Thursday, February 15, 2018

WARNING: Blue Dogs Endorsed Four More Conservative Democrats This Week


The shriveled far right of the Democratic Party, the Blue Dogs-- the heart and soul of the Republican wing of the Democratic Party-- just endorsed four new congressional candidates, a clear warning that these candidates will be voting against progressive proposals. So, joining already-endorsed Brad Ashford (NE), Anthony Brindisi (NY), Paul Davis (KS), Gretchen Driskell (MI), R.D. Huffstetler (VA), Jay Hulings (TX), Brendan Kelly (IL), Ben McAdams (UT), Dan McCready (NC) and Max Rose (NY), we now have these 4 conservative shitheads:
Denny Wolff (Harrisburg and Wilkes-Barre suburbs)
Jeff Van Drew (NJ-corruption)
Jim Gray (Lexington, KY)
Conor Lamb (southwest PA)
On Saturday, Maryland Congressman Jamie Raskin, the only Democrat left with a 100% ProgressivePunch crucial vote score, is hosting something called "Democracy Summer 2018" at Dupont Circle in Washington. The invitation blurb: "Launched by Rep. Jamie Raskin, Democracy Summer Leadership PAC aims to win back Congress by training 300 college and high school students and deploying them in crucial U.S. House campaigns in the Mid-Atlantic region from Virginia and Maryland through Pennsylvania and New Jersey, as well as other targeted states, including Iowa, Minnesota and Wisconsin." The invitation gives the most space to explaining that Raskin's special guest isn't a senator or a member of Congress but one candidate-- Randy #IronStache Bryce. You know why? Nearly 90% of the kids in the program said they want to be interns in Randy's campaign. None of them wanted to be interns for any of the Blue Dogs or New Dems the DCCC is pushing. The DCCC doesn't understand that the energy of the resistance is with grassroots progressive candidates like Bryce, not with the garbage careerists that comes spewing out of the losing candidate factory at 430 S Capitol St, SE. None of these kids opted to be interns for decrepit Blue Dog Brad Ashford who may be the lesser of two evils-- that's debatable-- or for crooked attorney Jason Crow who spent his professional life defending payday lenders from the working families they cheated and drove into penury. The DCCC can't understand the difference between a Randy Bryce and a Jason Crow or Brad Ashford. That's why they lose and lose and lose; that's why losing is in their DNA. But the kids who want to be interns understand.

Did you see Digby's post yesterday, Trumpist Dems? Oh Yeah.. "It was inevitable," she wrote, "that what's left of the Blue Dogs would end up pulling their punches when it comes to Trump, Turns out the crappy Blue Dogs-- with Brad Schneider taking the lead-- "are launching a new effort to highlight Russian election interference-- while not directly tying the issue to President Donald Trump in a way that could alienate crucial swing voters in November." A new poll from PPP, released yesterday, asked about Trump's collusion with Putin. 54% of voters think Trump should resign if Mueller finds proof he colluded with the Kremlin to steal the election. The poll showed that 53% of Americans don't think Trump is honest and, then there's this-- which flies right in the face of the Blue Dog suppositions:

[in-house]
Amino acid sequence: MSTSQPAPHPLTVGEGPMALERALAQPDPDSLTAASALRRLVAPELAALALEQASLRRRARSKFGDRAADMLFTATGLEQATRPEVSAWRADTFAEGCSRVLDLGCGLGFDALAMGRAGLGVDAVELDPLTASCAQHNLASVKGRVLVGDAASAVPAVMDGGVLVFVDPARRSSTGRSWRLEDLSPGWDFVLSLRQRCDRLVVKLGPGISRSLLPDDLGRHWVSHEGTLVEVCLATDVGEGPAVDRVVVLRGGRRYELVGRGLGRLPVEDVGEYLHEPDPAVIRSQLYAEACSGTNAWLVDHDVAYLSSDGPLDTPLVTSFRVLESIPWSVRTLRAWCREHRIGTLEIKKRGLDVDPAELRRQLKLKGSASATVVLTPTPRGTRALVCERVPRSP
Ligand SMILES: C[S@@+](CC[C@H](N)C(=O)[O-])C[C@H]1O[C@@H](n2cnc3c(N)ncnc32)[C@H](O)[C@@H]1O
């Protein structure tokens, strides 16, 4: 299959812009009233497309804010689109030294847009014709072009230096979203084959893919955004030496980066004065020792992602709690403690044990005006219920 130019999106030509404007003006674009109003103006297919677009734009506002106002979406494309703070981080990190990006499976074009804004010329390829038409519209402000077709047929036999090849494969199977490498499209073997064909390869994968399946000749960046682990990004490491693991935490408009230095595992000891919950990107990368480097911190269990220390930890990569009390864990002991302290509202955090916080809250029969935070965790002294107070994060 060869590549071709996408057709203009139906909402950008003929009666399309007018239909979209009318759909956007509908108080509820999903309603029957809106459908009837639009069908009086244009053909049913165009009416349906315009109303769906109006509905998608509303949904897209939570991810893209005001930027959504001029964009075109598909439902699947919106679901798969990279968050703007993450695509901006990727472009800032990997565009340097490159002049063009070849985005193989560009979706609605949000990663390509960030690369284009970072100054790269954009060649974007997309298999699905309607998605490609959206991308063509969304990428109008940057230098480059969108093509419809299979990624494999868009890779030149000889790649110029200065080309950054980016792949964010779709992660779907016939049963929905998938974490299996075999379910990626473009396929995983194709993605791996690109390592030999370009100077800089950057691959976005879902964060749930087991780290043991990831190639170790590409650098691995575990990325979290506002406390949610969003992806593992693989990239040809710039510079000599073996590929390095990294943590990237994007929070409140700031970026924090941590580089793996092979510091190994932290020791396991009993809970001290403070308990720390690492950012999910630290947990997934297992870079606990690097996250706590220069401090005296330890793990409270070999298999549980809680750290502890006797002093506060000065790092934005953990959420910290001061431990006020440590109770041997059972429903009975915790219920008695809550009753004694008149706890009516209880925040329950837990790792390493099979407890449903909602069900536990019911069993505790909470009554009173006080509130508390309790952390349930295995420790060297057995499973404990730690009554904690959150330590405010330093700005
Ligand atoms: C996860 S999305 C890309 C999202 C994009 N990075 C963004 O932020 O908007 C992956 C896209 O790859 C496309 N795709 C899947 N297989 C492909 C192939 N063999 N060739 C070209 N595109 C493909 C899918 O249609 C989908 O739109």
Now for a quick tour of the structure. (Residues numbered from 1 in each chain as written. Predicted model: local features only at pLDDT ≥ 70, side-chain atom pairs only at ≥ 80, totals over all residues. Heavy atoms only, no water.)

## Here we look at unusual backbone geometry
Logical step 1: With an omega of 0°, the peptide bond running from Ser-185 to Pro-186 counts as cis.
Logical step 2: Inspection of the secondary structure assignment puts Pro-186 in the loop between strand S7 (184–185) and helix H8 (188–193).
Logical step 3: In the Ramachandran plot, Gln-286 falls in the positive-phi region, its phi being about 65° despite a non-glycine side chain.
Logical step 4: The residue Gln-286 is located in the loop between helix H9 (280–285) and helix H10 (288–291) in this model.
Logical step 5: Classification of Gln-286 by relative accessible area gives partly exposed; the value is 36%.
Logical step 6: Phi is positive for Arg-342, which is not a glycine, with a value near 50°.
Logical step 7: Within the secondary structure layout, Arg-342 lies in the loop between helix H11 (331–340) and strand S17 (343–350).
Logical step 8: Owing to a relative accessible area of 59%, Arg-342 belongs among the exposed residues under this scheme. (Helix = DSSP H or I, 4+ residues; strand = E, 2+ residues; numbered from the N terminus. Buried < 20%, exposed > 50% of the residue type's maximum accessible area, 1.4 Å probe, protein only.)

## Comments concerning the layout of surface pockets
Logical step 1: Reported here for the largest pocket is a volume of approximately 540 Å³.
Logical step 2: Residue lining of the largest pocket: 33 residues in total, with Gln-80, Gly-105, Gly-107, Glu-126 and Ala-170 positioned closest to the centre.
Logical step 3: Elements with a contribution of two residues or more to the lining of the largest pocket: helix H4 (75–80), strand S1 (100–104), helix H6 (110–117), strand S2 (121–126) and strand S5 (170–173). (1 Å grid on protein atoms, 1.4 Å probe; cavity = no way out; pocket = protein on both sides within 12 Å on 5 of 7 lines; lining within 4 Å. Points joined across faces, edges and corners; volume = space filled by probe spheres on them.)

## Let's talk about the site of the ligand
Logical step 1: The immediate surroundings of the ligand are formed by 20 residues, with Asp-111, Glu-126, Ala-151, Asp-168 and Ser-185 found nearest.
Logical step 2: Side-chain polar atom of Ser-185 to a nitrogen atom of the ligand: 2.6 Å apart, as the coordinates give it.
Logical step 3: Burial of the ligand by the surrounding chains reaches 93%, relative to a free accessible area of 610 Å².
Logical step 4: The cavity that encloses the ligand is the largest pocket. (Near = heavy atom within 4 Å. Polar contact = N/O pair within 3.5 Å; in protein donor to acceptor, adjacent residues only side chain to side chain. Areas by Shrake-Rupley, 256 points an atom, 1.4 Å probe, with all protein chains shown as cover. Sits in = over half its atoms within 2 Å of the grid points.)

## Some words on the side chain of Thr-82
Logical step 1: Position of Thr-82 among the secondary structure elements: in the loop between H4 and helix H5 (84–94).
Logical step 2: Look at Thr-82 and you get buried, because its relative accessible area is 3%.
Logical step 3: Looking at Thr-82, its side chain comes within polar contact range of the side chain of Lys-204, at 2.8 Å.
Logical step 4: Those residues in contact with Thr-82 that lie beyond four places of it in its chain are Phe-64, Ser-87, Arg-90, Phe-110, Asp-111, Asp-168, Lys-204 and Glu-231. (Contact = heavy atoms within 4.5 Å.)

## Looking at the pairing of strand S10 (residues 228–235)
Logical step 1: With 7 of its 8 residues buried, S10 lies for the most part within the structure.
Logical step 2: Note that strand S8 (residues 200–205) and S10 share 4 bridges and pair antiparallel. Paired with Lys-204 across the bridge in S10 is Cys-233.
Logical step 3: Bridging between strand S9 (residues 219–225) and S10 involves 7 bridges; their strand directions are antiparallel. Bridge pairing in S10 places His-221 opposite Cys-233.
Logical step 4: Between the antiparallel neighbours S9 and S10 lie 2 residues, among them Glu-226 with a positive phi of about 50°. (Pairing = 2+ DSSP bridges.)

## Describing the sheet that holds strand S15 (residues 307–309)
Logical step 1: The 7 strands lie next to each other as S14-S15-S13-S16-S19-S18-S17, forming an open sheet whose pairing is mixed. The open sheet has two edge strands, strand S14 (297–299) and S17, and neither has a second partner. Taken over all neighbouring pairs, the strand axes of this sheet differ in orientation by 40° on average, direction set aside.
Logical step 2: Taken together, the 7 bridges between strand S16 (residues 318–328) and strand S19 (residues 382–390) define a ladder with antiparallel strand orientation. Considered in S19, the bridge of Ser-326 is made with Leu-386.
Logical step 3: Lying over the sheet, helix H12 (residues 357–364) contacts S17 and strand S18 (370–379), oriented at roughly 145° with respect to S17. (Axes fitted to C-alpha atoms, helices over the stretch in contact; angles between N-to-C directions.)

Liberal Democrats have been happy to talk up the Trump campaign’s potential collusion with Russia in 2016, going so far as to call for his impeachment and forcing impeachment-related votes on the floor. Democratic megadonor Tom Steyer continues to pressure lawmakers to back his multimillion dollar campaign calling for Trump’s impeachment.

But the aggressive progressive push has put centrist Democrats in an awkward spot. They too think the Russia investigation deserves attention, particularly with the looming midterm implications, but worry that tying it too closely to Trump will politicize the issue in a way that will drive away critical voters.
This tracks nicely with news from yesterday that "strategists" are warning Democrats not to talk about Trump and instead concentrate on issues that people really care about. Those ladies of the Resistance should just shut up and fill envelopes. They don't know what they're doing. You must appease Real Americans by being the most boring, non-confrontational bucket of warm spit in the race. That's what gets people out to the polls.

This is an even more interesting move, however. One would think that a group that fashions itself as national security and fiscal hawks would go hard after the miscreant in the White House on just those issues. He is a disaster on national security and has just hiked the deficit by the trillions. But no. Instead they feel the need to shy away from criticizing the president, just like their cowardly GOP cohorts.

It makes you think that maybe they aren't all that sincere about their "issues" and instead just want to align themselves with Republicans, no matter what they do, without having to say so.

Just like their spiritual twins The Tea party and the Freedom Caucus, that cowardly inability to stand for anything, even their own alleged principles, is leading them inexorably to Trumpism.